Impedance catheters are placed within the esophagus and have multiple electrodes to allow detection of the direction and speed of the bolus. Further studies are required to validate the use of this modality as a diagnostic tool, but preliminary results are encouraging for the use of this technique in the paediatric population. Scintigraphy is useful for demonstrating reflux and for estimating gastric emptying. However, the correlation of scintigraphy with pH monitoring is poor . Esophageal biopsy and bronchoalveolar lavage does not correlate with endoscopic findings . Carr et al found that 65% of their study cohort who had GERD had normal esophageal biopsies. Furthermore, they found that 40% had normal laryngotracheal appearance on endoscopy.( Mandell DLet al ,2004)

pathophysiology of extraesophageal reflux disease

SGS is the most extensively studied laryngeal manifestation of GERD. There is popular agreement that PLPR is a causative factor in the development of SGS. However, the evidence linking these 2 pediatric conditions is weak and mainly based on either animal studies, or uncontrolled studies in humans. Trauma  and infection  are the 2 other etiological factors that have been implicated in the development of SGS.


extraesophageal symptoms of reflux eerd gerd
extraesophageal reflux

The damaging effects of gastric acid and pepsin on the subglottis have been demonstrated in animal models. Delahunty and Cherry , in their classic experimental study, demonstrated that the intermittent application of gastric acid to canine vocal cord produced granulomas, which was histologically similar to the early lesion of human SGS. In another canine model, application of gastric contents to subglottic mucosa once every alternate day for 3 to 4 weeks was sufficient to cause a 9-fold increase in SGS . (Squire R, et al ,2012)

Conversely, there was only a 1.5-fold increase in the control group. This study also showed a delay in reepithelization with exposure to acidic contents. Studies on the porcine subglottis showed that mucosa exposed to acid had reduced expression of messenger RNA (mRNA) for epidermal growth factor receptor (EGFR) . Downregulation of EGFR mRNA production was postulated to result in reduced mucosal turnover and impaired cellular repair. This resulted in basal cell hyperplasia and mucosal ulceration. In addition to disordered cellular repair, excessive deposition of connective tissue has also been associated with SGS. In vitro studies of human and rat tracheal tissue exposed to gastric juice displayed increased fibroblasts differentiation secondary to production of transforming growth factor beta 1 (TGF-h1) .( Jarmuz T, et al ,2004)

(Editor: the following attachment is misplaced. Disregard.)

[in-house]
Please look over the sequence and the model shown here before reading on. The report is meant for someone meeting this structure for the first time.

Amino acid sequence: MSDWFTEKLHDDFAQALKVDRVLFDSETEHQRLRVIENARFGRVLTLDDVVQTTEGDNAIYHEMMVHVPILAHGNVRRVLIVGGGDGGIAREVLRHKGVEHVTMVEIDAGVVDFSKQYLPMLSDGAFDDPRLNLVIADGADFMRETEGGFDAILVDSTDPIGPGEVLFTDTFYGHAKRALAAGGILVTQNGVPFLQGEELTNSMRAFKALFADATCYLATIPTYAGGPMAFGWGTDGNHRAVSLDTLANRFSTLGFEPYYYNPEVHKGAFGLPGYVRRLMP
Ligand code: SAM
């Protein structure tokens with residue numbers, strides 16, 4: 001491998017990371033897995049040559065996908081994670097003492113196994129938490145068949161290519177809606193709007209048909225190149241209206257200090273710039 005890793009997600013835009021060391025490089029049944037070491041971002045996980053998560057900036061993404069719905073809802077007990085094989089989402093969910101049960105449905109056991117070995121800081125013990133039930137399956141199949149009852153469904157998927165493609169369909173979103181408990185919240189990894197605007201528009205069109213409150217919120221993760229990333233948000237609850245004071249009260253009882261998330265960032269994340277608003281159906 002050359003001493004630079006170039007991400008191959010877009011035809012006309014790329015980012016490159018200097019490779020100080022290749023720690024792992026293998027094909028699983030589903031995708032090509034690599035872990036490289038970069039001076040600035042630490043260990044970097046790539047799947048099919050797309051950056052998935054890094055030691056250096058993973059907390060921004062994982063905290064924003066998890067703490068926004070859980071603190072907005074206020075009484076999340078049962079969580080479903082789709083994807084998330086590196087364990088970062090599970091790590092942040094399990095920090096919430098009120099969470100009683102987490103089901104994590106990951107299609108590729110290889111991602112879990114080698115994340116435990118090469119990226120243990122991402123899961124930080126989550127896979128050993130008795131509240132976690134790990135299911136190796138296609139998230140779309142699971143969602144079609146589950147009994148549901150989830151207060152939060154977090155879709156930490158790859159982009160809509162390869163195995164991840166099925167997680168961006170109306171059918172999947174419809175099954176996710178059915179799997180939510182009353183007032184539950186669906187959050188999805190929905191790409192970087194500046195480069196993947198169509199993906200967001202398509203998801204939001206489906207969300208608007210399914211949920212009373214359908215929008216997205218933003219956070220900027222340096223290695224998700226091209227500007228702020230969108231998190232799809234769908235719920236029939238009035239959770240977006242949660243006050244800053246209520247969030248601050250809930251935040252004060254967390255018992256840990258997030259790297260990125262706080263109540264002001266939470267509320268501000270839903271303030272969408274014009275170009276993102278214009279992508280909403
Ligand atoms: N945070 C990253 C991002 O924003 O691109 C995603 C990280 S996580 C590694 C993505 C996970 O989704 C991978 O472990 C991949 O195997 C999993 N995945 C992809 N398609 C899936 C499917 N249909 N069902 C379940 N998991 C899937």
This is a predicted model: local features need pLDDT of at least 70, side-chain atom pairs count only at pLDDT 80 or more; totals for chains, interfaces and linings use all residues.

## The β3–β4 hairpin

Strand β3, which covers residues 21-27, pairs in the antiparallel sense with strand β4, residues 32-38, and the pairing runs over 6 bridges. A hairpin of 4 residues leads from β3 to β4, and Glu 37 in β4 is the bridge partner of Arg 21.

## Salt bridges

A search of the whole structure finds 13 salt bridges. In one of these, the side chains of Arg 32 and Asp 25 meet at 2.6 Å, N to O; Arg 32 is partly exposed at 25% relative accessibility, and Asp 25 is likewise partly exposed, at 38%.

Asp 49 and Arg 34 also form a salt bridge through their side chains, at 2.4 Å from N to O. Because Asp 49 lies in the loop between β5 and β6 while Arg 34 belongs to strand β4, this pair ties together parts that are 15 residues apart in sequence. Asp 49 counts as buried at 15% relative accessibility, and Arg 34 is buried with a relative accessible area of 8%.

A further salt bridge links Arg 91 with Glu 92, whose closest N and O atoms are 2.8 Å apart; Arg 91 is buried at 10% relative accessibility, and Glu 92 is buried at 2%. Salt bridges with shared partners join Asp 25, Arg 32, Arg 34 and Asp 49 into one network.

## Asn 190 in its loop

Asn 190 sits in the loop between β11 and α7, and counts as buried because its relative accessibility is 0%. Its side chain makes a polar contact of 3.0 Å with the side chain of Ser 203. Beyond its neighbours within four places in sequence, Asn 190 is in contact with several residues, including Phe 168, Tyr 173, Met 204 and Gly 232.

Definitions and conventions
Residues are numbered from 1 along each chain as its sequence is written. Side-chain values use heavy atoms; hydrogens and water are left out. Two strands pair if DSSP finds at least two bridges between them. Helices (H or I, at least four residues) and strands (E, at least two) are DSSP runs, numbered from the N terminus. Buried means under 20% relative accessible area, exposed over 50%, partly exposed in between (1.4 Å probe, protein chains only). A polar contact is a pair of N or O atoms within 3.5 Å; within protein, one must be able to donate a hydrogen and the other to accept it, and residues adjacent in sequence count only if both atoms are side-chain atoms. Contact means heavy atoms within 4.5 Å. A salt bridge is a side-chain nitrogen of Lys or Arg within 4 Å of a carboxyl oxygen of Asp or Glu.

There are no clinical presentations specific to PLPR. Patients often present with a wide range of atypical symptoms and signs. Parents generally do not perceive vomiting as a problem when it occurs no more than once daily, but are more likely to be concerned when vomiting is more frequent or when the volume of vomitus is large. Children may also present with excessive crying, irritability, failure to thrive, or feeding problems. Clinically, reflux symptoms are difficult to assess in infants and children. Although adults with esophagitis may complain of regurgitation, dysphagia, or heartburn, infants cannot describe their symptoms. Furthermore, the manifestations of PLPR often occur without the typical symptoms of reflux. Laryngeal symptoms that have been attributed to PLPR include hoarseness, a sensation of fullness at the back of the throat, postnasal drip with repetitive throat clearing, chronic cough, and laryngeal spasm. PLPR was found to be more prevalent in children with recurrent laryngotracheitis compared with a control cohort . An increased frequency of episodes of reflux in awake children with hoarseness has been previously reported .( Jamieson JR, et al , 2013)